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Sudan discloses lower Nile water levels, hints GERD gates closure


KHARTOUM, SUDAN – JANUARY 05:The Nile River as it flows through Sudan’s capital Khartoum on January 5, 2019. The waterway is central to the country’s economy and culture but water levels will likely be affected by Ethiopia’s hydropower megaproject. (Photo by Eric Lafforgue/Art in All of Us/Corbis via Getty Images)

Sudan’s Irrigation and Water Resources Ministry on Wednesday disclosed a decline in the water levels of Nile River, which hints closure of the gates of the Grand Ethiopian Renaissance Dam (GERD) when Ethiopia reportedly announced start of filling the dam.

“Measuring the Blue Nile levels by the concerned authorities showed a decline in the water levels equivalent to 90 million cubic meters per day, which confirms the closure of the gates of the dam,” said the ministry in a statement.

The ministry further reiterated Sudan’s rejection to any unilateral measures by any party relating to the GERD issue.

“The ministry renews its rejection to any unilateral measures by any party, particularly with the continued efforts … to reach a consensus deal among the three countries on the outstanding issues of difference which can be overcome if there is political will,” the statement said.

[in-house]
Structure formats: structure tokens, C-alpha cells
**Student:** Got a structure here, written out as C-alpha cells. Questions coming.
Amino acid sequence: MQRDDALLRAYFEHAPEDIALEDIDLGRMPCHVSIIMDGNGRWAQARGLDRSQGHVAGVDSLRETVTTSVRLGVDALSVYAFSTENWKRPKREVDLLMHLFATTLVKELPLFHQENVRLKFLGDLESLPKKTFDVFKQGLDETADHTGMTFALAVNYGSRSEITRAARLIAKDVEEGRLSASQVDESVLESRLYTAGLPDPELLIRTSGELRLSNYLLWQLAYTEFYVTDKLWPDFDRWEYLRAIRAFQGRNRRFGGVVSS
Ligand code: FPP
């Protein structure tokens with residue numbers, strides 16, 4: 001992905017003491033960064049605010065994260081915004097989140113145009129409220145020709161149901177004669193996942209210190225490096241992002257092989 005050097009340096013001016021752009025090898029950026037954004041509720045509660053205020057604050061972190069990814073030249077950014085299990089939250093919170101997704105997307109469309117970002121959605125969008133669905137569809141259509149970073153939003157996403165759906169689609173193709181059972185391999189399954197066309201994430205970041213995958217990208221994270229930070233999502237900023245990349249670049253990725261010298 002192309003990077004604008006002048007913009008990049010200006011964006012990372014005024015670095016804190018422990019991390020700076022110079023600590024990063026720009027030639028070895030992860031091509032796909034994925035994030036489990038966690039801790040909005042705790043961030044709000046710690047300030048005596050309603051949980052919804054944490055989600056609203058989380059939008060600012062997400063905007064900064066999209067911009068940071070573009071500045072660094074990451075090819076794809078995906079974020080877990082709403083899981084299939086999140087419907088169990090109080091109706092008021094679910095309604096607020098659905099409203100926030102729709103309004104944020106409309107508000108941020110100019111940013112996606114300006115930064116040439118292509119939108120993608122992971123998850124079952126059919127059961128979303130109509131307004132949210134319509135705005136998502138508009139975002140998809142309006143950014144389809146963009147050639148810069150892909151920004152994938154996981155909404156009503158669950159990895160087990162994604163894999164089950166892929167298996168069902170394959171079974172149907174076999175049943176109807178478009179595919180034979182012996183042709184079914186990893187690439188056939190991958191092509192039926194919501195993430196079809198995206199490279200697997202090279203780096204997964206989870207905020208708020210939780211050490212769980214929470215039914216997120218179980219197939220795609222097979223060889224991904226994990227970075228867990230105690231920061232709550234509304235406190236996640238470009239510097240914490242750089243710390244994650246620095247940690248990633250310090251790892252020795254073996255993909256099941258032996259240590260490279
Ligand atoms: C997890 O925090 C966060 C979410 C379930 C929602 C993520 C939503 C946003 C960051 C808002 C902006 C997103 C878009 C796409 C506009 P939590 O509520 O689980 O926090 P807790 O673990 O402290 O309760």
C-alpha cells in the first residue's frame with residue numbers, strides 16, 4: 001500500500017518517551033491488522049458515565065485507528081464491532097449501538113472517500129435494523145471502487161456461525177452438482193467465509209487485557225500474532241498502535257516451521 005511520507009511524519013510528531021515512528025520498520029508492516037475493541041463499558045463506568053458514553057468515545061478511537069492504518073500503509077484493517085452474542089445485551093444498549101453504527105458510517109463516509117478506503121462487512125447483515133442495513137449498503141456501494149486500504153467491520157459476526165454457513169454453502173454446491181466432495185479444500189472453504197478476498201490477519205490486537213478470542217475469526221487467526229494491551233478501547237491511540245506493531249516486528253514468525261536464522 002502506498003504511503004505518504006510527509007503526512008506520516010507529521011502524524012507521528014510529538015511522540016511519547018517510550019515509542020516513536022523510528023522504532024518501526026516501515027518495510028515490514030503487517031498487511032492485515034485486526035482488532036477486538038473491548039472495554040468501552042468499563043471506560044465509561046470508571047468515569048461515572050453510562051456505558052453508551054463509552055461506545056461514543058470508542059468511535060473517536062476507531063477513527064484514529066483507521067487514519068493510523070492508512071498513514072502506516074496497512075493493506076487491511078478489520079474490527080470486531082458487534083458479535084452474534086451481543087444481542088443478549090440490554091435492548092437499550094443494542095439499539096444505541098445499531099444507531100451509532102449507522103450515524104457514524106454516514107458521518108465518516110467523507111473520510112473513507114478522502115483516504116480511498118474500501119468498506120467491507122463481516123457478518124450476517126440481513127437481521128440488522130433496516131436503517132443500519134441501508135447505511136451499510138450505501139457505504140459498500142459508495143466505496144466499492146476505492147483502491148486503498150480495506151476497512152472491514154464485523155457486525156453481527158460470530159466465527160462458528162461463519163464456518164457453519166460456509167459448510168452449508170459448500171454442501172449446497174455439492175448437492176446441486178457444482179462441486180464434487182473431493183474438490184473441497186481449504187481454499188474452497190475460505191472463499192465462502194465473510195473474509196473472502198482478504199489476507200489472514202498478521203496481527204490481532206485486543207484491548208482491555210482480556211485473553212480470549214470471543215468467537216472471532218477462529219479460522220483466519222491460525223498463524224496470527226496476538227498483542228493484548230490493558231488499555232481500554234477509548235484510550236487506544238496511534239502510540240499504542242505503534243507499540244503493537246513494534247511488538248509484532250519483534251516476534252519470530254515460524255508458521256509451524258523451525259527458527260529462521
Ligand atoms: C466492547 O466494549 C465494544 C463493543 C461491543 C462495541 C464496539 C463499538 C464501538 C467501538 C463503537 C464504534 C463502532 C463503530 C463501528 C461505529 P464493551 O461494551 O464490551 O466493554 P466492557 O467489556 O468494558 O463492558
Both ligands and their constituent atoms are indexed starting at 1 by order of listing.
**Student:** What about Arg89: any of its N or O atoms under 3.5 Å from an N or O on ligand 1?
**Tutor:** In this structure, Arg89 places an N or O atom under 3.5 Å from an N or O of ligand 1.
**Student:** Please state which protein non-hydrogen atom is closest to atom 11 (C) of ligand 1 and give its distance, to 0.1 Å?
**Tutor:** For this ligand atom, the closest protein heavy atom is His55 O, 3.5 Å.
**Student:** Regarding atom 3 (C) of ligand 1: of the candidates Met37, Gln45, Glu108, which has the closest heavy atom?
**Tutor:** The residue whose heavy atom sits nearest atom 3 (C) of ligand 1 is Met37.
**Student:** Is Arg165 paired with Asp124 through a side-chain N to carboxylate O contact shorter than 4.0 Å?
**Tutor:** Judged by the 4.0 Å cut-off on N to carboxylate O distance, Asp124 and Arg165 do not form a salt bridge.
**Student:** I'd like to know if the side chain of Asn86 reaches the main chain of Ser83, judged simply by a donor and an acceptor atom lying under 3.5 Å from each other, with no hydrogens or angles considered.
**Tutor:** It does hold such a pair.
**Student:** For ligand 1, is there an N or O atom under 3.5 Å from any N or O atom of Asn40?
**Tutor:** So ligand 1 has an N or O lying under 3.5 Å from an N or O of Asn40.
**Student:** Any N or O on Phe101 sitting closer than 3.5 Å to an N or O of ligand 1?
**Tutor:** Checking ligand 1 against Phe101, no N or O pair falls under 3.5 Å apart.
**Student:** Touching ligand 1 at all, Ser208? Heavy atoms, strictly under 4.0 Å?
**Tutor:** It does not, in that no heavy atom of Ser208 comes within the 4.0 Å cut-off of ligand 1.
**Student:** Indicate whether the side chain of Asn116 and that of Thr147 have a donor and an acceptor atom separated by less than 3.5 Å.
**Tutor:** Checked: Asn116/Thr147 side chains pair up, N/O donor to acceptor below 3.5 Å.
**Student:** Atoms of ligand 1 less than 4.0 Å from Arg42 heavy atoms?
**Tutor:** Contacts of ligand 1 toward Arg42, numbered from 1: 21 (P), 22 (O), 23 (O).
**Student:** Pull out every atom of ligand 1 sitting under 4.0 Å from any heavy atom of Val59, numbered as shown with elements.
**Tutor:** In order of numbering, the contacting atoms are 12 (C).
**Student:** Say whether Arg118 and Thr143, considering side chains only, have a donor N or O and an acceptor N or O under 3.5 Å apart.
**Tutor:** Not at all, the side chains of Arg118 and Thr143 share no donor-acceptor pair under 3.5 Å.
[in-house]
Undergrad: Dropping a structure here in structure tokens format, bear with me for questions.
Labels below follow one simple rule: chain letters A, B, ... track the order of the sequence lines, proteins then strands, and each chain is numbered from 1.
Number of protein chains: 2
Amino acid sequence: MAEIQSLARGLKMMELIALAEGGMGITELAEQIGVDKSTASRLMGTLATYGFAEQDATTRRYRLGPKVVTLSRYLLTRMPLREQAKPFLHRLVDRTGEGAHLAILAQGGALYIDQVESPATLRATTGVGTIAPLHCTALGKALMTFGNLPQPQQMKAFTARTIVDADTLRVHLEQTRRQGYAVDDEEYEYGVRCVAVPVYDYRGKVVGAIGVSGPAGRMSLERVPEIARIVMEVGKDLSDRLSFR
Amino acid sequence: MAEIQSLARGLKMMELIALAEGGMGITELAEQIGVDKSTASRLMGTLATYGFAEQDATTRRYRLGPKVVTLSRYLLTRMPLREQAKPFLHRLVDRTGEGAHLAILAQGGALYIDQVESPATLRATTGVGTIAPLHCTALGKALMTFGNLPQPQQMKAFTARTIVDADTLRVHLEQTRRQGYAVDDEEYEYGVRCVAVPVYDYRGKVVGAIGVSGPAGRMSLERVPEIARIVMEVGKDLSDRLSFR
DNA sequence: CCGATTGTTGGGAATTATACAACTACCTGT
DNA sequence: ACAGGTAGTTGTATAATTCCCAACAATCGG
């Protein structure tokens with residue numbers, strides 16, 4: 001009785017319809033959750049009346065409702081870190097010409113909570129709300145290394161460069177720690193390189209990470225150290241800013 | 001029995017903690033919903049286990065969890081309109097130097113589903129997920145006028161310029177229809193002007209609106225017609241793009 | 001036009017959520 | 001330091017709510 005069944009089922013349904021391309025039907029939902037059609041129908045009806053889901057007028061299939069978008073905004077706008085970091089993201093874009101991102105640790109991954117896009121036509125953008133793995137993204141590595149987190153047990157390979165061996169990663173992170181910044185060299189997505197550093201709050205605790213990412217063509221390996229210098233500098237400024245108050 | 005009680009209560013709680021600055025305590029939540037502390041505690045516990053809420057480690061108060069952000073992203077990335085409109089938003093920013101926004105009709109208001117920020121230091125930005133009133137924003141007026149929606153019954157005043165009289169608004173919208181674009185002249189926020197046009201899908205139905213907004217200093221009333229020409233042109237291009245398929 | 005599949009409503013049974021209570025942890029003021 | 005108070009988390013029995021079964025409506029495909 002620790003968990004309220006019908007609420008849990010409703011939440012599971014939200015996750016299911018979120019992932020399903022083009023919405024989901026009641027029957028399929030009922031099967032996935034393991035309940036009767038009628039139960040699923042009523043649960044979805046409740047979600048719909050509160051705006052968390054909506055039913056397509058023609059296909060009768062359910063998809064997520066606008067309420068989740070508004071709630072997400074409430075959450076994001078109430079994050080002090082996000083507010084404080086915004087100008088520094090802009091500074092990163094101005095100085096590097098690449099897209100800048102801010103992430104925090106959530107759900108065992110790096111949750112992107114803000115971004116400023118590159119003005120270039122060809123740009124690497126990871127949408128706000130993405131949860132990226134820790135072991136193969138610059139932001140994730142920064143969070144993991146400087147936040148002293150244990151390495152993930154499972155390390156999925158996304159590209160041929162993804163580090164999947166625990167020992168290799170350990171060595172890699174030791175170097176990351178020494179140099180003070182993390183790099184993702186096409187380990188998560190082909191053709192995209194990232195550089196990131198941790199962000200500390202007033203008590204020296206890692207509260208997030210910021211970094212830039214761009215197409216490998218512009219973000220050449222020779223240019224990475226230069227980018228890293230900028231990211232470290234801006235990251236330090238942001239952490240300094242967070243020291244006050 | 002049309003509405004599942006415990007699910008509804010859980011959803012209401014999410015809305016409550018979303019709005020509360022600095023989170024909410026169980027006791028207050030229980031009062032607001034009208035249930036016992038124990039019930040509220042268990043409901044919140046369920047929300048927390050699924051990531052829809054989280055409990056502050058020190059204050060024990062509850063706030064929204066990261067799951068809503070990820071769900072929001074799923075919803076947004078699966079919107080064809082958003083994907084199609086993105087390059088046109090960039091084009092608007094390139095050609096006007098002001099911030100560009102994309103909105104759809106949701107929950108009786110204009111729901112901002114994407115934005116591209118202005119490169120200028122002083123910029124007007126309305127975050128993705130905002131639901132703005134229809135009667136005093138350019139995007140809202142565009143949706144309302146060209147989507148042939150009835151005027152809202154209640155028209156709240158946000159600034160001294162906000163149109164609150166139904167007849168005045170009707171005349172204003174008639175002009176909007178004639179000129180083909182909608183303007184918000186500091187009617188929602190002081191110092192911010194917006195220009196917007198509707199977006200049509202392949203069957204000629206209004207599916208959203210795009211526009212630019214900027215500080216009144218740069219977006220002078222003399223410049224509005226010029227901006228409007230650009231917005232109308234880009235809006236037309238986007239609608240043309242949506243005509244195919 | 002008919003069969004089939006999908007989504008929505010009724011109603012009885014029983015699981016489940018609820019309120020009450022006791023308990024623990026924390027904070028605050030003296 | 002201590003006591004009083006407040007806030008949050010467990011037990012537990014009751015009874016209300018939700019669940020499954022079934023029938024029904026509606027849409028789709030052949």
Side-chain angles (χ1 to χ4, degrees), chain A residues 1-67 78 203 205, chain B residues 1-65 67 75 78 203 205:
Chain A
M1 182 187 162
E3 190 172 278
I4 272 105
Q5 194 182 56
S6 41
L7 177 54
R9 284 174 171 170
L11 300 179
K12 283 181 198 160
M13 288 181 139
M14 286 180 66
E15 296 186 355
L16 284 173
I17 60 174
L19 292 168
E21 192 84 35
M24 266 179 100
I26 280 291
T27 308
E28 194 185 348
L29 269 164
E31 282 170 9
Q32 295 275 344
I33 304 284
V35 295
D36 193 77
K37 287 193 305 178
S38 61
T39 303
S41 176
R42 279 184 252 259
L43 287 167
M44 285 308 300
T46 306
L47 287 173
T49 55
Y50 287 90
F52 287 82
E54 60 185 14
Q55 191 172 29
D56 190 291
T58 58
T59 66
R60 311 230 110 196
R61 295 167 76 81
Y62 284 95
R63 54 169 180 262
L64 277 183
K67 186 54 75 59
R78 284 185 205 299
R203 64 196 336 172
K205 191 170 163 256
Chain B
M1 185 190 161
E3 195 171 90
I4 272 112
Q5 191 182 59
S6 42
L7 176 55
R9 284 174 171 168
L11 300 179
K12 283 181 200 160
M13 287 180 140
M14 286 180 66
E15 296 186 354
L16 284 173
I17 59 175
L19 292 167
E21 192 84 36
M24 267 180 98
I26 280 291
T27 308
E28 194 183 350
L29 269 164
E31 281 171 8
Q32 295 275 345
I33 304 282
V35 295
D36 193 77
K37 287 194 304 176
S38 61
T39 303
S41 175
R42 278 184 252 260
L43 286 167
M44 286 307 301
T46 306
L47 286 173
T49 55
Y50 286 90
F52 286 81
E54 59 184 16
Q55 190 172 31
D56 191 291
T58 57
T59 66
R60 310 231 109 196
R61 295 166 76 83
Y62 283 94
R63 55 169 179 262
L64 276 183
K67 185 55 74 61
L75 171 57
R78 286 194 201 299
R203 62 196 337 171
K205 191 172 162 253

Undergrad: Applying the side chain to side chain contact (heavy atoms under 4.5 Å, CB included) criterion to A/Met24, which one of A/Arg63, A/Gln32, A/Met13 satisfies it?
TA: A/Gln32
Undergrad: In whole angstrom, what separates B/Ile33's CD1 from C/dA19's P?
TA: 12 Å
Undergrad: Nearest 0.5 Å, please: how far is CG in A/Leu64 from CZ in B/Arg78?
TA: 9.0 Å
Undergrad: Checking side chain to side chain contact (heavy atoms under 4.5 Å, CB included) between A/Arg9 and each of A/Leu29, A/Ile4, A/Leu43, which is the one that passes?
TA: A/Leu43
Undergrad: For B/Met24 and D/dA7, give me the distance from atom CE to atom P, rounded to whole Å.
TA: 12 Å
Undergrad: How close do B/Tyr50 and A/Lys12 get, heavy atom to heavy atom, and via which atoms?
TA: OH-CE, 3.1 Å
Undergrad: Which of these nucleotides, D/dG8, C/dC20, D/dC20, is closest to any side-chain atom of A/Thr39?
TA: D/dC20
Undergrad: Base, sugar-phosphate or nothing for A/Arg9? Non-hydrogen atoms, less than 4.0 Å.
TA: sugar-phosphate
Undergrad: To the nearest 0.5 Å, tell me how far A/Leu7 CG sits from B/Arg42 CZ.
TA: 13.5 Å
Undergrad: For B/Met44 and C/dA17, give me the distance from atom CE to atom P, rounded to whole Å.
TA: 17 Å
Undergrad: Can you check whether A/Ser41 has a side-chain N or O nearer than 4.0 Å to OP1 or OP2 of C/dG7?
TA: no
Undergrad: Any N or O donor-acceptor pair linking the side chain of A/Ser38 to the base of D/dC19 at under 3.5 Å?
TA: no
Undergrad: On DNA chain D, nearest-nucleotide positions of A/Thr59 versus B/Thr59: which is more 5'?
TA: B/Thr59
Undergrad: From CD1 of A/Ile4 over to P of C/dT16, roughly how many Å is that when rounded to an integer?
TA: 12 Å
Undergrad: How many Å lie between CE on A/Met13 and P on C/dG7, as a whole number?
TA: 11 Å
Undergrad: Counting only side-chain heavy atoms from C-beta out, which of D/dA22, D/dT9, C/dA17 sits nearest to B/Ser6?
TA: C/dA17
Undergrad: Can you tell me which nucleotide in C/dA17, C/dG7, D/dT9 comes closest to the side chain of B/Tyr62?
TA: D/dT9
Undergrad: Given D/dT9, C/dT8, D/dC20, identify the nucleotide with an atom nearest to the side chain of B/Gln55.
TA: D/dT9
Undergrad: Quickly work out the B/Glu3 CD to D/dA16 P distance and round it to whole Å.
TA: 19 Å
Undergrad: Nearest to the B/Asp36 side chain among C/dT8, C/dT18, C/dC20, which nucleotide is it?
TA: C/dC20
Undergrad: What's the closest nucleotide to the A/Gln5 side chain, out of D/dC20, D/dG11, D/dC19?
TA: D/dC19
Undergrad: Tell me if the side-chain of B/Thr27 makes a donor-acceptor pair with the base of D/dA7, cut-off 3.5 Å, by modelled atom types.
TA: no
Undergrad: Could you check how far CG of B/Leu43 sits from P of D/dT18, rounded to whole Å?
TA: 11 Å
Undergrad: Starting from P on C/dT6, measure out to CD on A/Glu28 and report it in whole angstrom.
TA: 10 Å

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It reiterated that the Sudan’s concerned authorities are following up the development related to the GERD in a manner that secures Sudan’s national interests.

Earlier on Wednesday, Ethiopia’s Water and Irrigation Minister Seleshi Bekele reportedly announced that the GERD has started filling.

On Monday, Sudan, Egypt and Ethiopia ended the recent round of talks on the GERD without reaching agreement on the outstanding issue, namely the filling of the dam.

Meanwhile, the three countries send separate reports to the African Union which is expected to call for a mini-summit next week to issue a decision regarding the Ethiopian dam.

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Ethiopia started building the GERD in 2011, while Egypt, a downstream Nile Basin country that relies on the river for its fresh water, is concerned that the dam might affect its 55.5-billion-cubic-meter annual share of the water resources.

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